These can be used as many times and in any order to achieve the despeckling you need. So, for instance, the square (red) structural element followed by the cross (green) structural element is specified by the option despeckle Ee and will produce this effect:
Repeatedly applying the cross will produce diamond shapes while the box will produce squares. You can use combinations of these to produce circles. Each time you use a structural element, you add or remove a layer of pixels from the outside of the detection.
In general, each erode (e/E) will remove a layer of pixels from around each detection and each dilate (d/D) will add a layer of pixels to each detection.
In this image I have used the option despeckle EedD to erode with the box structural element and then the cross structural element. This removes the small (noisy) detections, but also shrinks the real detection of me on a bike. I then use dilation to expand the detection back up to full size so the threshold is correct.
In the left hand image motion has correctly found the person walking in the rain, however there is some noise at the top of the image I would like to remove. Applying despeckle e removes nearly all of these noisy detections (click on the middle image to see the full size version). There are just one or two left so for completeness, I try despeckle eE to remove them all (right hand image).
In the left hand image, the sun has come out after rain and so motion thinks that there is a big change, however the image is very noisy, so lets see what despeckle can do. Applying despeckle ee to the middle image removes many of the detections, but since I have used the cross structural element twice I get diamond shaped holes (click on the middle image to see this).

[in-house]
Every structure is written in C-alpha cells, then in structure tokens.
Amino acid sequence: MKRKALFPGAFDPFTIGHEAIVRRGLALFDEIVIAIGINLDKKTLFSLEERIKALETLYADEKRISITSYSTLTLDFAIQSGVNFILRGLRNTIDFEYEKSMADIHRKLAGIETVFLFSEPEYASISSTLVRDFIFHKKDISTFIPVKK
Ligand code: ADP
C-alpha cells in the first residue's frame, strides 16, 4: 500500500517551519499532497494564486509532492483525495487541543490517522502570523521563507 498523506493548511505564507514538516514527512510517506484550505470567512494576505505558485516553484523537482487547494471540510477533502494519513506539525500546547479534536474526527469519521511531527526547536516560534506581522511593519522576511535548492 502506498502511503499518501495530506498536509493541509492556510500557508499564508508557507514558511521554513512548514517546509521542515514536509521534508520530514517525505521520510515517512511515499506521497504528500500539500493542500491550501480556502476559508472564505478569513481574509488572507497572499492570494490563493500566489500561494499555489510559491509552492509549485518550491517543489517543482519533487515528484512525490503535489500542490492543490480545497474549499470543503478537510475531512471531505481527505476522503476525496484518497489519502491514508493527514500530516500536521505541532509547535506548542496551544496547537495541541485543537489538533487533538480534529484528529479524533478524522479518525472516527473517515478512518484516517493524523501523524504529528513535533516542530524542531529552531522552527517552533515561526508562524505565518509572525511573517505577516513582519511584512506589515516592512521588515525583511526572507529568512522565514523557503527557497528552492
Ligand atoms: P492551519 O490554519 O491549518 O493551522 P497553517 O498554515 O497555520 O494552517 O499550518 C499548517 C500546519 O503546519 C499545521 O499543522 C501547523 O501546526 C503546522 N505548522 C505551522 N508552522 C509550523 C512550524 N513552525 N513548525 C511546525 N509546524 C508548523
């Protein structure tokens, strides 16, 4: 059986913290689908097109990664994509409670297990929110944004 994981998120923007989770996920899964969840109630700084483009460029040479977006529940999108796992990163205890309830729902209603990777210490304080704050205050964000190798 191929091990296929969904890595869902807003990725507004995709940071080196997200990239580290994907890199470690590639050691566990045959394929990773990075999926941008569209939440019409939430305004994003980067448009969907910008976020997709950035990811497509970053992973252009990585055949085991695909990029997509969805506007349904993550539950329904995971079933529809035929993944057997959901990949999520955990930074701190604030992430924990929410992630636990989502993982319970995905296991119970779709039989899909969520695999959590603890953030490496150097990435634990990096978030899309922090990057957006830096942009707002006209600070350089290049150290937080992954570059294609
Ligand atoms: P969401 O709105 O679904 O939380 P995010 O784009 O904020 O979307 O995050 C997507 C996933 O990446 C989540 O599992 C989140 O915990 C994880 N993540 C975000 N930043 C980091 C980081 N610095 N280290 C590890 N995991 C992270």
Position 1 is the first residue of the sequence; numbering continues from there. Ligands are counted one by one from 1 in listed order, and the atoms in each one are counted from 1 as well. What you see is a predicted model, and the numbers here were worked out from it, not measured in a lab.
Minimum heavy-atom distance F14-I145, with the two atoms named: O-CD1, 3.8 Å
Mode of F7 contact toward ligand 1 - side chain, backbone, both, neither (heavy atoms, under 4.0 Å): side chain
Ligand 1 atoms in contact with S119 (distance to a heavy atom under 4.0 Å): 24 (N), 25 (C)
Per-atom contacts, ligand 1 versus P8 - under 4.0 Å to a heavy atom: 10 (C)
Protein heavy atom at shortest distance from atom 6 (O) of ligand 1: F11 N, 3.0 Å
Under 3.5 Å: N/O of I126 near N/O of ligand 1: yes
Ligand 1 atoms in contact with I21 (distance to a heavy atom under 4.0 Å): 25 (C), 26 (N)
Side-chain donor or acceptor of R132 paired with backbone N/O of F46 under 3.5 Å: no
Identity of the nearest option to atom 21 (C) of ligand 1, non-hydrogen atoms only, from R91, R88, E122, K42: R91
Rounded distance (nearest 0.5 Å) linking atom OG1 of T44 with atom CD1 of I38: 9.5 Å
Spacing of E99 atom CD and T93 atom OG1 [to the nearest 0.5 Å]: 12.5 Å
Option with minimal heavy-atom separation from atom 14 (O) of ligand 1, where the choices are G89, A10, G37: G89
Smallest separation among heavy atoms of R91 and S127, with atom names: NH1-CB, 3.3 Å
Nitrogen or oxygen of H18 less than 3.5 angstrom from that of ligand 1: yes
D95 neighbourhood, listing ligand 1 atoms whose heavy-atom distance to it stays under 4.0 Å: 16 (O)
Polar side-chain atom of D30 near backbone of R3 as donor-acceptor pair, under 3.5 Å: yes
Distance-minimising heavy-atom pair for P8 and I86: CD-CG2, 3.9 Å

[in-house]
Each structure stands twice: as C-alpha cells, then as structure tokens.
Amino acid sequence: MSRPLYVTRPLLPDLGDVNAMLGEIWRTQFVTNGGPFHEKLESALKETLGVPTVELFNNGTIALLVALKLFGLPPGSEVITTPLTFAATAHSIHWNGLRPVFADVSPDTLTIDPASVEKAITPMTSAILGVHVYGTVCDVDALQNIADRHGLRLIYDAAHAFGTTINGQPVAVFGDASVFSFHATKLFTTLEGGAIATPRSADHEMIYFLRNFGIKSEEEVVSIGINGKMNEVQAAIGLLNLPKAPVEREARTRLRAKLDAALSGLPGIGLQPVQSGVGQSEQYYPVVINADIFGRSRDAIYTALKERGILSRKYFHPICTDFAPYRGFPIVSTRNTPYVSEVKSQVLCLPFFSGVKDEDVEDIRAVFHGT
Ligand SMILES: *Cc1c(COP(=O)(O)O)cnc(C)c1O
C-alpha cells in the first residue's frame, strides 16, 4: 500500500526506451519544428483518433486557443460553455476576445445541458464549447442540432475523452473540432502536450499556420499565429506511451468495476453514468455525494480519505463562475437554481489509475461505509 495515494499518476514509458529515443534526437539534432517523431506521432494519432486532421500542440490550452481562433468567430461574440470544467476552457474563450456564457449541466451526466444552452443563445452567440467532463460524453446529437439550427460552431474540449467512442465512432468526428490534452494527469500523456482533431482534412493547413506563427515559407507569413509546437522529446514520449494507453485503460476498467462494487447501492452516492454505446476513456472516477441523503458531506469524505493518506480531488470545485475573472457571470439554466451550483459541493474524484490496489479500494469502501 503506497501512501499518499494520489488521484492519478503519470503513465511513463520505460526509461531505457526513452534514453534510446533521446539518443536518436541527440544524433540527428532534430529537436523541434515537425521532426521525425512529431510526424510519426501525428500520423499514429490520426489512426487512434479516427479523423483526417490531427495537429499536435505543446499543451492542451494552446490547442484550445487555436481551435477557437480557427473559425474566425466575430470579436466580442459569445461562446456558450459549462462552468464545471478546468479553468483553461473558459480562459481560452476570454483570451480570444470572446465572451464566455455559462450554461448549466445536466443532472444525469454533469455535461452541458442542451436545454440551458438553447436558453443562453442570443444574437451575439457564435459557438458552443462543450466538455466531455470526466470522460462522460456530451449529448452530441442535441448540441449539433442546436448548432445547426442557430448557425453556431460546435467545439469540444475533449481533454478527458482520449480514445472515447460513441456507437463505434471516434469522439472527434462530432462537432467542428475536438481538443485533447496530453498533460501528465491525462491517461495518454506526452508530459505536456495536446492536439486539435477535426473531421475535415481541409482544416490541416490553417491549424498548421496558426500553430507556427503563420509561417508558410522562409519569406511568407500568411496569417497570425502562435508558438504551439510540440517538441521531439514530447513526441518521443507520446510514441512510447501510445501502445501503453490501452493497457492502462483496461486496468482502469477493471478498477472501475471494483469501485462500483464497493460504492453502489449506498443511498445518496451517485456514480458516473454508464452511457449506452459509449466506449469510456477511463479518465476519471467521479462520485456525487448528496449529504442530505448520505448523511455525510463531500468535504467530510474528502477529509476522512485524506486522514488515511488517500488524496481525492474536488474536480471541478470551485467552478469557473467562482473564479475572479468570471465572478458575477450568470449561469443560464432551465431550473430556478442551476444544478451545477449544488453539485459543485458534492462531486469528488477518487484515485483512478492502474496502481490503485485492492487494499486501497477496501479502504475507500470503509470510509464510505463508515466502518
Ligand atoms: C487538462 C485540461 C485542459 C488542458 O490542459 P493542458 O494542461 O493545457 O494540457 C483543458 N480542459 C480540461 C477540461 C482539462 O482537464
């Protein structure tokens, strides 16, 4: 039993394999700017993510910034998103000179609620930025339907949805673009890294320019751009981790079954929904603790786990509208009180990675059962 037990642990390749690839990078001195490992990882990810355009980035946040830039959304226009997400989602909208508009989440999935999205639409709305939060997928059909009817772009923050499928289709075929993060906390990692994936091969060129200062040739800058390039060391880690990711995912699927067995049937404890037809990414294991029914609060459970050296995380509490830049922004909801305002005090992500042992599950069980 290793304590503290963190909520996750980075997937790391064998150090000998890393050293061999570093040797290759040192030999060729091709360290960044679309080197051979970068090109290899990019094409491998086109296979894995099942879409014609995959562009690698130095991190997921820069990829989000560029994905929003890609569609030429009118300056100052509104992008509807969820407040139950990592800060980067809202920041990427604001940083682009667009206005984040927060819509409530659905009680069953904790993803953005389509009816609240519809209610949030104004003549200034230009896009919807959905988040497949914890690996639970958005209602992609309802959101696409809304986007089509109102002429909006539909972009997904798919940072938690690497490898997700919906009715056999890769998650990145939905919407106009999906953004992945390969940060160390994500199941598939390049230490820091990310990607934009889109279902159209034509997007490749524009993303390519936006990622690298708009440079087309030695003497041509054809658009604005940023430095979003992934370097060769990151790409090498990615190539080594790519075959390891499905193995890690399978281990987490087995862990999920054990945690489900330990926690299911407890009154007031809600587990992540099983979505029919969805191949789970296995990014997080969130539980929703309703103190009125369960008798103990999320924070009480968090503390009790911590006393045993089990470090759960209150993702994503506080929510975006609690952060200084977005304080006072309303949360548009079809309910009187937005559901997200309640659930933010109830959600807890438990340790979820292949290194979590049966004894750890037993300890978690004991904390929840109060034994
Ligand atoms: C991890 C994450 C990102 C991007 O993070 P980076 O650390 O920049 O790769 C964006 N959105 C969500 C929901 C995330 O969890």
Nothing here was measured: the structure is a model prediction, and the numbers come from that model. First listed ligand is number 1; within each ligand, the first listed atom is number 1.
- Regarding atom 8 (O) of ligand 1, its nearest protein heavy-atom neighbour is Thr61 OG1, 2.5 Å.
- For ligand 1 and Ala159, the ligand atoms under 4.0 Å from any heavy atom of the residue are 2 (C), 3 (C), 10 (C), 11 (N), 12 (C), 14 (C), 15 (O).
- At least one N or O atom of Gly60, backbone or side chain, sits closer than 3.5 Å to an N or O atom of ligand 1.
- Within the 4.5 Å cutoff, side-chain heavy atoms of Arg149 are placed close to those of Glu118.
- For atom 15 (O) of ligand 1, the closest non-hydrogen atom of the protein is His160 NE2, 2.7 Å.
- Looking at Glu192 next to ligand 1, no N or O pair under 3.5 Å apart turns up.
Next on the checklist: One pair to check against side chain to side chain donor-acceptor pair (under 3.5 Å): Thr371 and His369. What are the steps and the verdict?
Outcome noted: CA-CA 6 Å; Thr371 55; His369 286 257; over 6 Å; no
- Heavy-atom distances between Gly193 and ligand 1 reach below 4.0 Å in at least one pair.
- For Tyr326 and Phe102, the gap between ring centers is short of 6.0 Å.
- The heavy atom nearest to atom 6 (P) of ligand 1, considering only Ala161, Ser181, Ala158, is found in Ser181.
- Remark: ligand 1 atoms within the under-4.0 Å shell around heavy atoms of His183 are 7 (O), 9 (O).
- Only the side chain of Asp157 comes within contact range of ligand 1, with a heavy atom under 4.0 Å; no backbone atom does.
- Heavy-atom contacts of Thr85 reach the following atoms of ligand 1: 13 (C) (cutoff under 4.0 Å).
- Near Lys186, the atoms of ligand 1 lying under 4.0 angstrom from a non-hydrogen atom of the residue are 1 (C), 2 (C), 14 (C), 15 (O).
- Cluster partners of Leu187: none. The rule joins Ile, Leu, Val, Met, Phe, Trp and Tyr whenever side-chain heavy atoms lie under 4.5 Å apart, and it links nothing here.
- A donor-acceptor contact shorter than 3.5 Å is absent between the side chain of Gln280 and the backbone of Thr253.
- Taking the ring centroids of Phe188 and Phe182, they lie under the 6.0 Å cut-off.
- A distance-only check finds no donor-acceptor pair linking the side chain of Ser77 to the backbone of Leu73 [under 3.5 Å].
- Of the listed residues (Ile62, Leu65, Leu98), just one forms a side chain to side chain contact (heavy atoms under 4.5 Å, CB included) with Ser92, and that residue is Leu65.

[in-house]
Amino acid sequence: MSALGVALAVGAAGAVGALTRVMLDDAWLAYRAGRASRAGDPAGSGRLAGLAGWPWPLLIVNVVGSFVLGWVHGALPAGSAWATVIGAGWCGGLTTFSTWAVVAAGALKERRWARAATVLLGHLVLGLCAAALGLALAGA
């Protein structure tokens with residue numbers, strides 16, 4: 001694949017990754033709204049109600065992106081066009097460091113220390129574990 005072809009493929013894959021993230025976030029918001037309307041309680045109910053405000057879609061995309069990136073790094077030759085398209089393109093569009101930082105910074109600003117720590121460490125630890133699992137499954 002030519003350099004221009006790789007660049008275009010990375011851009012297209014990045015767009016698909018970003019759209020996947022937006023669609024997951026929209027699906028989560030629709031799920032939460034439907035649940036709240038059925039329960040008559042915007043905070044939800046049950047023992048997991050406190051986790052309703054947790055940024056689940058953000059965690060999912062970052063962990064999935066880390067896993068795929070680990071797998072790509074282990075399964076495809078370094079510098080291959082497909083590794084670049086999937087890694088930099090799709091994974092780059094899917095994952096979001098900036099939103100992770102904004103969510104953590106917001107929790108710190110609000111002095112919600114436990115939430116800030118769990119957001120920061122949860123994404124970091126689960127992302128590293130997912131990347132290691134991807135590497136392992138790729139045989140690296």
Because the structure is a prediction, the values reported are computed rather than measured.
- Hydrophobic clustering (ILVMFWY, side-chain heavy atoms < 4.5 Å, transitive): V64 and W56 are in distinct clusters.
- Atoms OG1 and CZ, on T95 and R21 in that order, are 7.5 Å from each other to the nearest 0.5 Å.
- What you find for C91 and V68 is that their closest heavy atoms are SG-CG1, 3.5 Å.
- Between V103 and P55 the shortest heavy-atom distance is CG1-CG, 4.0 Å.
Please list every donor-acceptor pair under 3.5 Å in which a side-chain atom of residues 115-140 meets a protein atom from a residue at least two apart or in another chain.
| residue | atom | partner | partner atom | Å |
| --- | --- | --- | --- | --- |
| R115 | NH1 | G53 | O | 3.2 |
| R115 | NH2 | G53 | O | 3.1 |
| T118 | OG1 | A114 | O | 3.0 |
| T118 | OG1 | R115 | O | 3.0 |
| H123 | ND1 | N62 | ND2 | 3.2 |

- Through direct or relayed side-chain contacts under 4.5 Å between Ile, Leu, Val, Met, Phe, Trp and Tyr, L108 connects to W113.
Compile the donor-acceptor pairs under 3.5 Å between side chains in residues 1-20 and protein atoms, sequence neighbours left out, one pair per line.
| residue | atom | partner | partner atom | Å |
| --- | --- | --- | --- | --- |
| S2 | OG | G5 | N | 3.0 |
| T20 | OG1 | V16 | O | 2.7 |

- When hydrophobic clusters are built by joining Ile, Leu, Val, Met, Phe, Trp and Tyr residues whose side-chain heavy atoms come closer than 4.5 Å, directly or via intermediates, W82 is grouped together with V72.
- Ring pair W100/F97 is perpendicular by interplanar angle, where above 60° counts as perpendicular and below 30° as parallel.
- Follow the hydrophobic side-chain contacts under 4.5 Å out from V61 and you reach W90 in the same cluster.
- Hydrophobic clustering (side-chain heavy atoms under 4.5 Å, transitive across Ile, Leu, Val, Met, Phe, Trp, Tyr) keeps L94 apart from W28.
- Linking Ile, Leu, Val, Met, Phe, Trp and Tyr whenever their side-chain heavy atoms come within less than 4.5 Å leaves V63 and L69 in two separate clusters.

If I use despeckle eE instead, which applies the cross and then the box structural element, I get much more circular holes appearing. (click on the right hand image to see this).
This is a very windy day and a lot of things are being blown around. Without despeckle, motion is detecting over 200 events an hour, so I've sifted through the images and eventually found one of a car. Applying the cross structural element with despeckle e removes many detections, but also starts to open up a hole in the middles of the car. If I apply more erosions then the car will disappear along with everything else. So I fill in hole in the car with a dilate and then experiment with more erosions.
This is not a practical use of motion and despeckle, but it demonstrates how the erode and dilate options can be tuned to find just what you're looking for.
Want to play with despeckle?
Still not sure of all the e, E, d and D combinations to despeckle? Download despeckle.c and try it your own motion images.
Set output_motion yes in motion.conf and the motion images will be saved with a *m.jpg suffix.)
./despeckle EEEEee 11-00m.jpg desp1.jpg
./despeckle dDee 11-00m.jpg desp2.jpg
./despeckle EedD 11-00m.jpg desp3.jpg
You may need the jpeg-dev or jpeg62-dev package to compile up despeckle.c.